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I tend to avoid using mvn install in my multi-module projects because I feel like I then don't know which exact version of a submodule is then used when building / launching other submodules (particularly when switching between branches very often).
I tend to use mvn package a lot and then mvn verify.

I'm now facing the issue in a FOSS project (a Maven archetype moreover) where I'd like to use Maven's best practices.
It's a multi-module project with a webapp submodule depending on the other modules, and what worries me is the ease of development along with mvn jetty:run (or jetty:start).

Currently, I defined 2 profiles:

  1. prod, the default one, declares dependencies on the other submodules;
  2. dev on the other hand does not depend on the other modules, and configures the jetty-maven-plugin by adding the other modules' output directories as extraClasspath and resourcesAsCSV.
    That way, I can mvn package once and then cd webapp && mvn jetty:start -Pdev and quickly iterate, reloading the webapp without the need to even stop the server.

AFAICT, extraClasspath was added for that exact purpose (JETTY-1206).
I've been pointed at the tomcat7-maven-plugin which can resolve modules from the reactor build when using Maven 3 (and I raised an issue to bring the same to Jetty: JETTY-1517), but that hardly solve my

If I hadn't removed the dependency on the other submodules from in dev profile, I'd have had to do an mvn install first so that validating the POM doesn't fail, even if jetty:start doesn't use those dependencies afterwards.

So here's my question: is mvn install really that common? or my approach of putting the intra-reactor dependencies only in the prod profile OK?

(note that I have the exact same problem with the gwt-maven-plugin, so please don't tell me to simply switch to Tomcat; that wouldn't even work actually, details here)

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What i don't understand is why you have dependencies in the former profile whereas you don't in the second one? Are there dependencies between the modules or not? If so you have to define them otherwise you build could not work correctly. Or do i oversight something? – khmarbaise May 21 '12 at 14:41
Building in the dev profile indeed fails here, it's only used for running the submodule, where it loads its dependencies by file path rather than Maven dependencies. It doesn't feel clean to me either, but installing half-baked artifacts (skipping a few time-consuming tasks that I don't need at dev time) is no better in my mind. – Thomas Broyer May 21 '12 at 15:05

The mvn install is common in particular in relationship with multi-module builds, cause it will give you the chance to run a single module from your multi-module build.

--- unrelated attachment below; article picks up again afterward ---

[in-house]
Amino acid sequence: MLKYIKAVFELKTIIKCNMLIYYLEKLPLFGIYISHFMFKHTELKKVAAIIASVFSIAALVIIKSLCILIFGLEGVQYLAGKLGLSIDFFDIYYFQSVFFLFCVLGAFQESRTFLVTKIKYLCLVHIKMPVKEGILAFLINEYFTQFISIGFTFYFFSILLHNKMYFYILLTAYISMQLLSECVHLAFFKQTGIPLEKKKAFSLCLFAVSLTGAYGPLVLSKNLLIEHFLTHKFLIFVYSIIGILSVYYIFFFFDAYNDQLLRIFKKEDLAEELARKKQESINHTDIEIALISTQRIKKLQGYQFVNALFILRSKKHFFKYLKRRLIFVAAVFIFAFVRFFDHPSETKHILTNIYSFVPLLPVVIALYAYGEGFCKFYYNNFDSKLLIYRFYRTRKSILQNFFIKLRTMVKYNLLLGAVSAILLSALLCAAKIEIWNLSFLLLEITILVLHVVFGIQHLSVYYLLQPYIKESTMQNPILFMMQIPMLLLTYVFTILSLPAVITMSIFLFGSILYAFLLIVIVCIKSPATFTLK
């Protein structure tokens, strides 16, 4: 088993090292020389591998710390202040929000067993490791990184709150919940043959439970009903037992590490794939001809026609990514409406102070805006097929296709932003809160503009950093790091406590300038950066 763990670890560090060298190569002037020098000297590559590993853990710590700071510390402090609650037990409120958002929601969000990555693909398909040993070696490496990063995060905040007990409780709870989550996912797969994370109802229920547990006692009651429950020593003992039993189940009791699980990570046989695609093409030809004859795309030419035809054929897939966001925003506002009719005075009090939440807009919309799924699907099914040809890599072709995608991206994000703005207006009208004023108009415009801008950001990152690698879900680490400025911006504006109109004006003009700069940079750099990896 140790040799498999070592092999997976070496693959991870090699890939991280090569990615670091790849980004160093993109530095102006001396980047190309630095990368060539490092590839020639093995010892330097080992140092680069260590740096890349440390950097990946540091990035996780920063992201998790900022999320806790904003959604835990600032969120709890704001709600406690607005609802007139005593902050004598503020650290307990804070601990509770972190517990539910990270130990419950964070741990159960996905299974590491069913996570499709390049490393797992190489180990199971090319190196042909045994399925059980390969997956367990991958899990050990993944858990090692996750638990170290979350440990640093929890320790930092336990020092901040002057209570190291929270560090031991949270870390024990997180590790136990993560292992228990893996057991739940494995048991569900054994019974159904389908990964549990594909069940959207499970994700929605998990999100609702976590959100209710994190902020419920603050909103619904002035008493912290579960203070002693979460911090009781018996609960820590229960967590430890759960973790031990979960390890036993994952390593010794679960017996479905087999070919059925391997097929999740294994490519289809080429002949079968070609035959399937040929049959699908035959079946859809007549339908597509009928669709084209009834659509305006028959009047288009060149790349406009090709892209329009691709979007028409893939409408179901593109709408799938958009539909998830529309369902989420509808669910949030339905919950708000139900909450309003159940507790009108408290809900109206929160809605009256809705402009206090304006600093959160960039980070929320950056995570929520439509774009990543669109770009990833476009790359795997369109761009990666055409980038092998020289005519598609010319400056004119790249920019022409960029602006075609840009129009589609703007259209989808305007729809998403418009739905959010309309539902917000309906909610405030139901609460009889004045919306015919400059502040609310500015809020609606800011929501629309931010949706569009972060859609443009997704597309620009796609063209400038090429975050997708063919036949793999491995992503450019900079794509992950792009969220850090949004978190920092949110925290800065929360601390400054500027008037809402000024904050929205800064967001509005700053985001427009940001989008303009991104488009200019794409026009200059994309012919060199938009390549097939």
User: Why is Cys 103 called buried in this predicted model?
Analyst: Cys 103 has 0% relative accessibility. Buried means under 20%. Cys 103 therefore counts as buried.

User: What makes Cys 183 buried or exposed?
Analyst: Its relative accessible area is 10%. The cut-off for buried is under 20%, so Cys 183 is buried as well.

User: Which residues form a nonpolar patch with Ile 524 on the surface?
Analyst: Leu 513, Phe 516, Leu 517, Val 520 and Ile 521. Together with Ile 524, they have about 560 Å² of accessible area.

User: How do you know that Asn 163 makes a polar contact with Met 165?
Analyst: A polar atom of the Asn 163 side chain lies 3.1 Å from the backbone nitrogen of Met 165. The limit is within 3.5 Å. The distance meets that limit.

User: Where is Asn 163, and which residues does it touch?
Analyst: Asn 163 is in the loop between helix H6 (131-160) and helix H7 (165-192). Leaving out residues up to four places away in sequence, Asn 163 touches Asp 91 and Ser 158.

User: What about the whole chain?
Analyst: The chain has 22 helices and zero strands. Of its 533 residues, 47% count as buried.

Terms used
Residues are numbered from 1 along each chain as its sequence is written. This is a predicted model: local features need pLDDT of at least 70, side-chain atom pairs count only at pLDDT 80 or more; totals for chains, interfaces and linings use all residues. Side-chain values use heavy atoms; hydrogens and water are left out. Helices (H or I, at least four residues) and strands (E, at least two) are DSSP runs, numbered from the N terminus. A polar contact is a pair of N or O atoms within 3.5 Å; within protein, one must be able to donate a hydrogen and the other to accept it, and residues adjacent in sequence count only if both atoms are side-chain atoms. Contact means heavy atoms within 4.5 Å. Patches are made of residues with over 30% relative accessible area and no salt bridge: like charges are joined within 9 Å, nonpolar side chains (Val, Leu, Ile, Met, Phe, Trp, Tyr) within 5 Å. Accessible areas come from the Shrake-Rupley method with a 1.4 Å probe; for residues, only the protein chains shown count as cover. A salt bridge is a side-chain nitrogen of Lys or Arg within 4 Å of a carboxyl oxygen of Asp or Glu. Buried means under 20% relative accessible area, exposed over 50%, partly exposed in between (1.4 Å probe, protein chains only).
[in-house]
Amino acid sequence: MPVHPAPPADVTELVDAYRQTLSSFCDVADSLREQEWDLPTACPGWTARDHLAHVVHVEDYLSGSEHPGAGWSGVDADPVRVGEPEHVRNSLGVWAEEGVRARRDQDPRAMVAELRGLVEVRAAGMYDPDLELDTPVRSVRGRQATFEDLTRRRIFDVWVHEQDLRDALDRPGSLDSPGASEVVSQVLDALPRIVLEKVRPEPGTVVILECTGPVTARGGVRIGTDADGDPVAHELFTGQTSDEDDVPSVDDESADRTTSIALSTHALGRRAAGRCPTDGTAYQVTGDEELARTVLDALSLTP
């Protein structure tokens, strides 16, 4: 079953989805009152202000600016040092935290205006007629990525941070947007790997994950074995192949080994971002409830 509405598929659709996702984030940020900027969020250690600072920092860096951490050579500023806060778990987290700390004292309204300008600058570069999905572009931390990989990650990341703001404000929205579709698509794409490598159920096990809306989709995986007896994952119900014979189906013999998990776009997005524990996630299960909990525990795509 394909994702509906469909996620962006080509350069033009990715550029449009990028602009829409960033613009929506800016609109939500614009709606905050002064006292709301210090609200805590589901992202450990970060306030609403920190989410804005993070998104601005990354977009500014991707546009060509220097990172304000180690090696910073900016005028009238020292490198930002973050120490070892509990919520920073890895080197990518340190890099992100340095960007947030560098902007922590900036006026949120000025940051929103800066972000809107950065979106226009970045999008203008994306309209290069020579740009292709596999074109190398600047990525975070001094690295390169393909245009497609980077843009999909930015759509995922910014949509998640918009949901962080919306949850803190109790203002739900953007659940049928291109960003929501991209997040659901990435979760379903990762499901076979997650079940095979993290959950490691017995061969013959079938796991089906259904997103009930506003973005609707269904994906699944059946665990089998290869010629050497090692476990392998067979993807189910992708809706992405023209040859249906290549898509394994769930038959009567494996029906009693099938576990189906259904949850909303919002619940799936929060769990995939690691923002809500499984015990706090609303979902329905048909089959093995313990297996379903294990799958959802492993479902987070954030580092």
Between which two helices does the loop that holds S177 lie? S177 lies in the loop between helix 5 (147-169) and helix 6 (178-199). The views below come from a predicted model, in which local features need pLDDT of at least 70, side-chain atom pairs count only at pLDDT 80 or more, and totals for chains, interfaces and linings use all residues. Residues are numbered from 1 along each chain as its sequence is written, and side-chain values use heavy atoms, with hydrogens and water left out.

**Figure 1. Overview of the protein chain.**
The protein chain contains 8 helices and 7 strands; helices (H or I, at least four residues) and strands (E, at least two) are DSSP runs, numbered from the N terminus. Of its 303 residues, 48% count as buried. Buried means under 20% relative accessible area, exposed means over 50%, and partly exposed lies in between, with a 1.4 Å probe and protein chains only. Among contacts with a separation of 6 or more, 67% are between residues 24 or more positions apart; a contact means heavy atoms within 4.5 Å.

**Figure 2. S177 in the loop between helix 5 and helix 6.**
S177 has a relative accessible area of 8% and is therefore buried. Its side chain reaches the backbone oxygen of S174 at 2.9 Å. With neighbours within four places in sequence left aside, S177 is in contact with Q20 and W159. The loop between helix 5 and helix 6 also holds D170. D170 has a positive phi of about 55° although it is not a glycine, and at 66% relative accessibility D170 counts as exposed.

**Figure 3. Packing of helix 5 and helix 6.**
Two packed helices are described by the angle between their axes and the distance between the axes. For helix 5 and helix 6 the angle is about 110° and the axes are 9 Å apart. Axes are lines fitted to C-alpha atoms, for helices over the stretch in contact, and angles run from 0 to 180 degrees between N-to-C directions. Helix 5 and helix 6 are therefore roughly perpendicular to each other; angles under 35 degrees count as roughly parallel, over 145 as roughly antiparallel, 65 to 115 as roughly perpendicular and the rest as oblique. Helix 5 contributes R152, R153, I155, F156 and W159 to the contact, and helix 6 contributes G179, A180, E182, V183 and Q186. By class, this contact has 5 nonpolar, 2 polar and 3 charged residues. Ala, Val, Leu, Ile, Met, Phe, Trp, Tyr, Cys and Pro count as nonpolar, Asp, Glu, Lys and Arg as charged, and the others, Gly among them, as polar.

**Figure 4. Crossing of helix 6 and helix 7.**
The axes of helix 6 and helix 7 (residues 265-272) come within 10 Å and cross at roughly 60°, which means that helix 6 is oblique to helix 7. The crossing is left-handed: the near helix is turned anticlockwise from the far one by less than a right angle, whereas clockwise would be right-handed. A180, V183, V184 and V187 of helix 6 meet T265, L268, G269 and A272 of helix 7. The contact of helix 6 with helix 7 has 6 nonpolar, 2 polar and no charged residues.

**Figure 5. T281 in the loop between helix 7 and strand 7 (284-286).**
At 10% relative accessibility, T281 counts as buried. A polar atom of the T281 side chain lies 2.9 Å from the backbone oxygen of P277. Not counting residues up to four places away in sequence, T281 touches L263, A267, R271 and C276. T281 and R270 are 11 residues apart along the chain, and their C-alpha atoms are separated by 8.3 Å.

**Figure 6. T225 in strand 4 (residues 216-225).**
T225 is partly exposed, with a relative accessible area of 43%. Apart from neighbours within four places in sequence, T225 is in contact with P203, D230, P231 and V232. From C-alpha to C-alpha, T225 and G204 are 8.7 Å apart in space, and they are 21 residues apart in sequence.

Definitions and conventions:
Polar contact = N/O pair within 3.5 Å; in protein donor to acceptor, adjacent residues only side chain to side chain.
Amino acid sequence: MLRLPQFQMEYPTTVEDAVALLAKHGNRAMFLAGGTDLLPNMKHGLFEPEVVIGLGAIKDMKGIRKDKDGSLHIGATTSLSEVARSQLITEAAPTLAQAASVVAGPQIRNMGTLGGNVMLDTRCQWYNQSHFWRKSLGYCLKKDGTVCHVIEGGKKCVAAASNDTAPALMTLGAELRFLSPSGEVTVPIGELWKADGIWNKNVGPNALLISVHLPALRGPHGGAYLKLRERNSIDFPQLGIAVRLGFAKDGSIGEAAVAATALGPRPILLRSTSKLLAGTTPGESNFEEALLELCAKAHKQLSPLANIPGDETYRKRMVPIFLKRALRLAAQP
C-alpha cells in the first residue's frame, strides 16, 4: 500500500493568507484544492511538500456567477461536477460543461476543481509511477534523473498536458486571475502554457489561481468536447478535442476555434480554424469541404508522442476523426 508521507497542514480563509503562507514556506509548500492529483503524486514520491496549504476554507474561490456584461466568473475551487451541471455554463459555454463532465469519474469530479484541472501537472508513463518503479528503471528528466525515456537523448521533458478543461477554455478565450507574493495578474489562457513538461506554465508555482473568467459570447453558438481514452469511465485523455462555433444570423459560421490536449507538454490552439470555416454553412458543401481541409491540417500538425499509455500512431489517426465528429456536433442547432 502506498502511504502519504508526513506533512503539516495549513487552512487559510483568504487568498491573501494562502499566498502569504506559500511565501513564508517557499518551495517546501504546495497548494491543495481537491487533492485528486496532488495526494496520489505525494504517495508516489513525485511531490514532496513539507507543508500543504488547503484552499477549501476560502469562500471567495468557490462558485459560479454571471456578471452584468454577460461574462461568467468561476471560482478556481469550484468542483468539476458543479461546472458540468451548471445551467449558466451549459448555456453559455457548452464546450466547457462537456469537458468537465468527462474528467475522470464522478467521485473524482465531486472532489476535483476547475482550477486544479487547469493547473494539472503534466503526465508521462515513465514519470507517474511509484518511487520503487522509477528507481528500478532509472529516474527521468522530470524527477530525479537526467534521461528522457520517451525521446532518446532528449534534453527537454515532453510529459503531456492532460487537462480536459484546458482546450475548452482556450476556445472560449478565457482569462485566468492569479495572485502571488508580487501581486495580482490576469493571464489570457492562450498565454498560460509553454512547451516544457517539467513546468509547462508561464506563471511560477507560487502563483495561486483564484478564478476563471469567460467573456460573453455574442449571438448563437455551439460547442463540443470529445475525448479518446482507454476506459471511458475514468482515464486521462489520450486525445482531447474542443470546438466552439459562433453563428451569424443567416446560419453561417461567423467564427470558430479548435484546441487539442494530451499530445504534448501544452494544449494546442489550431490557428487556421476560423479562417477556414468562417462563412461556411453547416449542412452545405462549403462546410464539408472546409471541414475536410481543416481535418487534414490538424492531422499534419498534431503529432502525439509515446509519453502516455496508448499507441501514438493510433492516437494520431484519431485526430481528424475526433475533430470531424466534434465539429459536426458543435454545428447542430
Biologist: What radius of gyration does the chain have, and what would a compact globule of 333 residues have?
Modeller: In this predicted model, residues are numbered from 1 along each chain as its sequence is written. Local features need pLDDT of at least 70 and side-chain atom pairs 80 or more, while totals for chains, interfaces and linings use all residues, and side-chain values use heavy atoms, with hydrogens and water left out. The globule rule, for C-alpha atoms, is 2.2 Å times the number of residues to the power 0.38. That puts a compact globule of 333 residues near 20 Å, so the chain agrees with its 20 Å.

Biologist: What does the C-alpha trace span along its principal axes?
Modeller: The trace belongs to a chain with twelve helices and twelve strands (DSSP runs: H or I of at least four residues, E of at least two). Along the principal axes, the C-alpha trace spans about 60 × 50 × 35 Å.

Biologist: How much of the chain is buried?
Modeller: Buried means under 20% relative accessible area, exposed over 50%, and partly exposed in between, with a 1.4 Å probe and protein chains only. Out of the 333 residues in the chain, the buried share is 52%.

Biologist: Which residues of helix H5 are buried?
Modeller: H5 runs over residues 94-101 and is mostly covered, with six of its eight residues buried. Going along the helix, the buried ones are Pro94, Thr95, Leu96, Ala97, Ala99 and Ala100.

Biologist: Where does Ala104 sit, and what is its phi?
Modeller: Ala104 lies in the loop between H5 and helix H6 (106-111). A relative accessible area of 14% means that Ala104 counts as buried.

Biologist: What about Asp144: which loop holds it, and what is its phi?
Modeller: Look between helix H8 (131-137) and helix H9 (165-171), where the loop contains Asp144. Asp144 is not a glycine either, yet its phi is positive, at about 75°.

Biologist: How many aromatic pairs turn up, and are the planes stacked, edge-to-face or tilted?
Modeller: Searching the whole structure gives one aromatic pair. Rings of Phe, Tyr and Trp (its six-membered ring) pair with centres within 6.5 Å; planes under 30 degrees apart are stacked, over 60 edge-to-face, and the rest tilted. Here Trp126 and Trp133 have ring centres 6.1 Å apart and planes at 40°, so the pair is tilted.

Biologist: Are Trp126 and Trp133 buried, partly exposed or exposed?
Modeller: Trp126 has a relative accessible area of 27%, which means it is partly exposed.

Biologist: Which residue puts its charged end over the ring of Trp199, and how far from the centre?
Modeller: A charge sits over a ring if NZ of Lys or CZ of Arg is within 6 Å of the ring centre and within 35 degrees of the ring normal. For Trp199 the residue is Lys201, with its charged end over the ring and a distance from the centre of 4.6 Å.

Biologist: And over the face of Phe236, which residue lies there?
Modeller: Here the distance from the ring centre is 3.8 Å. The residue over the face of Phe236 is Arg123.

This can be achieved by using:

mvn -pl submodule LifeCycle
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When it comes to SNAPSHOTs, then you happen to run your module against whatever was installed last; might be a stable version from last week (unlikely if you install regularly, but still possible if you use -am a lot and didn't touch submodule for a while), or one from another local branch, containing a breaking change (quite likely as soon as you use a DVCS). This is why I'd rather use -am here, but it doesn't work for all values of LifeCycle (jetty:run is one such example). I'm looking for the best practice here, not only a pragmatic answer. – Thomas Broyer May 21 '12 at 14:58
But usually you do a mvn install before and multiple time a mvn -pl ...if you know you changes something you can redo the mvn install or use the -am option. – khmarbaise May 21 '12 at 15:11
BTW: jetty:run is not a lifecycle it's a goal. – khmarbaise May 21 '12 at 15:13

I do most of my development on my laptop. For the projects I'm currently working on, my local repository is really more of a temporary holding area. I run mvn install all the time. Putting artifacts in one's local repo is the only way I know of to share built artifacts between projects, especially if you are working on projects which are related but are not (and should not be) part of the same multi-module build.

When I'm done developing I commit changes to the shared SCM and let Jenkins build & deploy the code to the shared remote repo. Then I either blow away the changed projects in my local repository so the next build brings down the freshly built artifacts, or I run Maven with -U to force updates.

This works well for me, YMMV.

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Thanks, but that doesn't answer the question: what is the best practice? – Thomas Broyer May 22 '12 at 8:31
I have spent months digging in Maven documentation and forums and have not seen discussion about best practices for installing to the local repo. Perhaps it's worth a post to the Maven User's Group. Many of the Maven committers hang out there. – user944849 May 22 '12 at 13:18
Yup, exactly what I did 2 hours ago (and probably pending moderation now) – Thomas Broyer May 22 '12 at 14:24
up vote 0 down vote accepted

I just found a workaround (which seems logical as an afterthought):

In brief: skip the plugin by default in the parent module then re-enable it where needed.

This however only works if the plugin can be skipped (i.e. has a skip configuration) and is only used in one specific submodule, and it has to be selectively done for each plugin you need/want to run that way (in my case, jetty:run and gwt:run).

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